At their first Cabinet meeting, will the three MCA/Gerakan new Ministers insist on Jamil Khir retracting two parliamentary statements for flouting BN consensus and established policies or choose to keep quiet to keep their Ministerial posts?

The Malaysian Consultative Council of Buddhism, Christianity, Hinduism, Sikkhism and Taoism (MCCBCHST) has issued a most timely statement to point out that there are no historical document to contradict the fact that Malaysia was intended to be a secular state all the way back to Merdeka in 1957 and the formation of Malaysia in 1963.

Contradicting the recent parliamentary statement of the Minister in the Prime Minister’s Department, Datuk Seri Jamil Khir Baharom that Malaysia was not a secular state, MCCBCHST president Jagir Singh said historical evidence and provisions in the Constitution dispel any doubts that the nation’s founding fathers had intended the nation to be a secular, not an Islamic state.

He cited historical documents such as the Alliance Memorandum submitted to the Reid Commission in 1956, and the white paper issued by the British government in June 1957, to contradict Jamil Khir’s claim that Malaysia was not intended to be a secular state.

For instance, the Alliance Memorandum jointly submitted by Umno, MCA and MIC to the Reid Commission specifically stated that they wanted a secular state, although the religion of the state was to be Islam.

At their first Cabinet meeting on Wednesday, the three new Ministers – MCA President Datuk Seri Liow Tiong Lai, Deputy President Datuk Seri Wee Ka Siong and Gerakan President Datuk Mah Siew Keong, must insist Jamil Khir retract two parliamentary statements on hudud and Malaysia not a secular state for flouiting Barisan Nasional consensus and established policies.

The two parliamentary statement by Jamil Khir which violated Barisan Nasional consensus and established policies were firstly, his statement this month that Malaysia is not a secular state and secondly, his March 27 statement that the Barisan Nasional Federal Government was prepared to assist the Kelantan State Government to implement hudud laws.

All Malaysians will be waiting for the outcome of the Cabinet meeting next Wednesday July 2 as to whether the three new Ministers would dare to uphold Barisan Nasional consensus and established policies by demanding that Jamil Khir retract these two parliamentary statements which clearly violate Barisan Nasional consensus and established policies.

If Liow, Wee and Mah need further arguments for demanding that Jamil Khir retract the two parliamentary statements which flout Barisan Nasional consensus and established policies, they can do no worse by quoting Jagir Singh’s cogent reasoning that a secular state does not mean that religion and the state were completely separate.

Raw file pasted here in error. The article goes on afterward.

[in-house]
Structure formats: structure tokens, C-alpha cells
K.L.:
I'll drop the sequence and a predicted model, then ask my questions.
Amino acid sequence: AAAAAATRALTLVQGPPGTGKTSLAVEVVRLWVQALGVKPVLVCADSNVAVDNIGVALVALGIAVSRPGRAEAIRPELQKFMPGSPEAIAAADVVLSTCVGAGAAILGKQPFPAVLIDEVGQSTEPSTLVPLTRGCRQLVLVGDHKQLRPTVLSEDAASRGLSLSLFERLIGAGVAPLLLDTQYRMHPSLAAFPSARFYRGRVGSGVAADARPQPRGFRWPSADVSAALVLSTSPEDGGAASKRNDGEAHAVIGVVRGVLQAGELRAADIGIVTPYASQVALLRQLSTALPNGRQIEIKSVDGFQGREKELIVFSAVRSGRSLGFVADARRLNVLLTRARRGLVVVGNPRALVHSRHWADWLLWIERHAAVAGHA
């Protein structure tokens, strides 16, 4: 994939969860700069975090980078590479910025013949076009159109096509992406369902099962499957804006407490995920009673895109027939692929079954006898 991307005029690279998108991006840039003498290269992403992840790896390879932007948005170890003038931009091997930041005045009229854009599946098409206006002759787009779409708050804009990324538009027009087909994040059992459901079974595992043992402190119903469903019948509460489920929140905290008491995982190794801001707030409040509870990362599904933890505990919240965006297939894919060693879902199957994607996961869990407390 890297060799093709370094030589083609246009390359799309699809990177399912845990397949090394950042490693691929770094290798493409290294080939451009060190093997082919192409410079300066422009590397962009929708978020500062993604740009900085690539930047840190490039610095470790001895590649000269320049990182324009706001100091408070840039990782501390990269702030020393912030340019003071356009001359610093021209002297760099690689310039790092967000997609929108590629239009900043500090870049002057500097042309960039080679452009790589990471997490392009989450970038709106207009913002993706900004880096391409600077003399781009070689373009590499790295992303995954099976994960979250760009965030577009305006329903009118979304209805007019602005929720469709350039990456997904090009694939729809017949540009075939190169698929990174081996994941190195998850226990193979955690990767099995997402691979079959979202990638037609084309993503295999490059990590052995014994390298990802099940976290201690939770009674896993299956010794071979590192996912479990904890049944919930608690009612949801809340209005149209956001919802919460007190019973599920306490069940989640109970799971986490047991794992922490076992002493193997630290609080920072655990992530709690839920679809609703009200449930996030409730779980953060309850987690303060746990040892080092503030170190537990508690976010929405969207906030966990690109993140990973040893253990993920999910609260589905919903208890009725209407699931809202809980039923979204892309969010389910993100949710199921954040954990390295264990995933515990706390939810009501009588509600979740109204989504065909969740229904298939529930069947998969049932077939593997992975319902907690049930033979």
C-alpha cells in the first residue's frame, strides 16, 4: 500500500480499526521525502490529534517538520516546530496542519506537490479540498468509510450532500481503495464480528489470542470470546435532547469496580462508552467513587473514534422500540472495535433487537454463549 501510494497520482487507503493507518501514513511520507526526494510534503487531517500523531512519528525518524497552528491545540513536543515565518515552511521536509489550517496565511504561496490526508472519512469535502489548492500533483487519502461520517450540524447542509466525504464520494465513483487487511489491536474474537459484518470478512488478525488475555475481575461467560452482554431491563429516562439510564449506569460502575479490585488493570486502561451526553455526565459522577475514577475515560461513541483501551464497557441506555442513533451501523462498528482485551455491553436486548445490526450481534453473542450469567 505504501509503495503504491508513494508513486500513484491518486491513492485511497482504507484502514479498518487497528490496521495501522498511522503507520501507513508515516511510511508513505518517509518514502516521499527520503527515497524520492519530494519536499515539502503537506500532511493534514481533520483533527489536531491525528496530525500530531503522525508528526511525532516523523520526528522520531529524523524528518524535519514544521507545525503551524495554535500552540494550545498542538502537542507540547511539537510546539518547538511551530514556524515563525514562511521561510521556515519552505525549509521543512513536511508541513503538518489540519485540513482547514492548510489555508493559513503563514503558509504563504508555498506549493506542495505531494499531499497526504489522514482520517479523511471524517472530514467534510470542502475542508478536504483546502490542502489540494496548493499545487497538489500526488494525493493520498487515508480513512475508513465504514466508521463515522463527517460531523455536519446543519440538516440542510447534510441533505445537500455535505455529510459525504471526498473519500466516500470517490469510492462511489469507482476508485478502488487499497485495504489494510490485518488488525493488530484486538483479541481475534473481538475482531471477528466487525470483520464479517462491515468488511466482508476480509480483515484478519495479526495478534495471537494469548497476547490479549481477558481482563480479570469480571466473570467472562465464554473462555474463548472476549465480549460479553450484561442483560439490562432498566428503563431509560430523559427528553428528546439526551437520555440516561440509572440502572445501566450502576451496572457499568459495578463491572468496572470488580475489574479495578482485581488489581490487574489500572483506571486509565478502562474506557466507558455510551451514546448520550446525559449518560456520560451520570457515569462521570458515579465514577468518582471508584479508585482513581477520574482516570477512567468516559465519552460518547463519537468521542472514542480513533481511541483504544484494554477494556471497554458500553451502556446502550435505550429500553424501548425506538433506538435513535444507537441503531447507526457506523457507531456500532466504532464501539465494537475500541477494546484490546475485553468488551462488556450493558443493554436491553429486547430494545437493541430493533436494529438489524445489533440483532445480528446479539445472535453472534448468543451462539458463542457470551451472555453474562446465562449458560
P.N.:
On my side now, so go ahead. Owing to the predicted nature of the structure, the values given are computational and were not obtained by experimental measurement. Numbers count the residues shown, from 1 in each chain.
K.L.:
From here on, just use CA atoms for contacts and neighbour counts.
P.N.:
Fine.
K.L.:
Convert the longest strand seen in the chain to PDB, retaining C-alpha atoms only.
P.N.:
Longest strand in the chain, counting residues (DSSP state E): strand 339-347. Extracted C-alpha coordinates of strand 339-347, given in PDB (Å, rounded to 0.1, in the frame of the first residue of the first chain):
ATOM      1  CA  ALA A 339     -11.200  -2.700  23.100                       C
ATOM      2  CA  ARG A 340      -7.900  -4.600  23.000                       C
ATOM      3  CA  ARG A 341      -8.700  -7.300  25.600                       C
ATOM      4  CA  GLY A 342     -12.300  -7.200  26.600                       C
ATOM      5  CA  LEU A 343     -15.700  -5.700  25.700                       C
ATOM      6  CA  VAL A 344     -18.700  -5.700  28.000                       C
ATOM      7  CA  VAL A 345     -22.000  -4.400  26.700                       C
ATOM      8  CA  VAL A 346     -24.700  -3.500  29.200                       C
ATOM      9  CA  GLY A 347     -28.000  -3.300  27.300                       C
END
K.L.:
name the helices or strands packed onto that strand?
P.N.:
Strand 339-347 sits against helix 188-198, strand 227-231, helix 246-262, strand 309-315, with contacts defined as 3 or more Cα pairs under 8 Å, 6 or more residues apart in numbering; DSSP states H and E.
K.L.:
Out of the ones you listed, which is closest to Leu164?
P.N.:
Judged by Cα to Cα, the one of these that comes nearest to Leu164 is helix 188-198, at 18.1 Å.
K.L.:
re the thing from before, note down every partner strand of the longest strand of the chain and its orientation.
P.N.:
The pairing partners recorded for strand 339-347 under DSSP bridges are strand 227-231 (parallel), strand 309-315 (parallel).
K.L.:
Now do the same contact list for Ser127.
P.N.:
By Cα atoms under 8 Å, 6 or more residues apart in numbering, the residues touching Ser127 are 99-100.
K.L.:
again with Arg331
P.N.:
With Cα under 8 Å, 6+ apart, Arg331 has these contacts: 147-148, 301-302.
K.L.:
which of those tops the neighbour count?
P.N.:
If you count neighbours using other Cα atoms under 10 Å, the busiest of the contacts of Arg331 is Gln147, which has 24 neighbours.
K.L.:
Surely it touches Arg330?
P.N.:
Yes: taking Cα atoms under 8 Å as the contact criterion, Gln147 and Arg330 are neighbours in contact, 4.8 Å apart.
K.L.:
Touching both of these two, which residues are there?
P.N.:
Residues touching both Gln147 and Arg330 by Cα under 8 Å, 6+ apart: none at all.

Jagir have given Turkey and Indonesia as examples of countries which are grounded in Islamic principles but are secular, stressing:
“Therefore Malaysia can be described as a secular country with Islam as the religion of the federation but where Islam does not form the basic laws and where the Constitution is the supreme law.”

Jagir rightly pointed out that Article 4(1) made it clear that the Constitution, not shariah law, was the supreme law of the land.
As Jagir said, the words Islamic law and shariah courts were not even found in the 1957 Constitution.

“The Muslim courts were renamed Shariah courts in 1976 by amending Schedule 9, similarly ‘Muslim law’ was amended to read ‘Islamic law’.”
As such, hudud should not be implemented in the country as it would undermine the consensus reached between the different communities, as well as the Constitution and fundamental rights, including freedom of religion.

The question is whether Liow, Wee and Mah would raise these important issues at their first Cabinet meeting in order to rehabilitate and restore the long-standing Barisan Nasional consensus and established policies which had been flouted by Jamil Khir in Parliament in the last three months, or whether they choose to keep quiet and accept the violation of Barisan Nasional consensus and a tectonic change in established BN policies by Jamil Khir so that they could continue to be Ministers in the Najib Cabinet!

  1. #1 by Noble House on Sunday, 29 June 2014 - 4:41 pm

    The standard reply to your question shall be: “That was Jamil Khir’s personal view. How and where he said it was not important. What is important is that we, in the BN, work by consensus meaning what UMNO Baru says or does, we follow!”

  2. #2 by Justice Ipsofacto on Monday, 30 June 2014 - 8:50 am

    Lets face it people. I said this in FMT and let me repeat it here. There are 4 sides to a table. And all of them are occupied. If you do not move some of them out to make way for new people how then do you then accommodate the new incoming ministers?

    Hah! Answer: Corners. Yea, sudut meja. That is where they will be seated. So really the incoming ministers ought properly be labelled as Menteri Sudut Meja.

    Now why am I saying this? Look in the cabinet we have first the PM. Then the DPM and next the Ministers and Deputy Ministers and finally those ministers without potfolios. And now we have Menteri Sudut Meja.

    In this hiearchy of power structure can we honestly expect Menteri Sudut Meja to make any impact?

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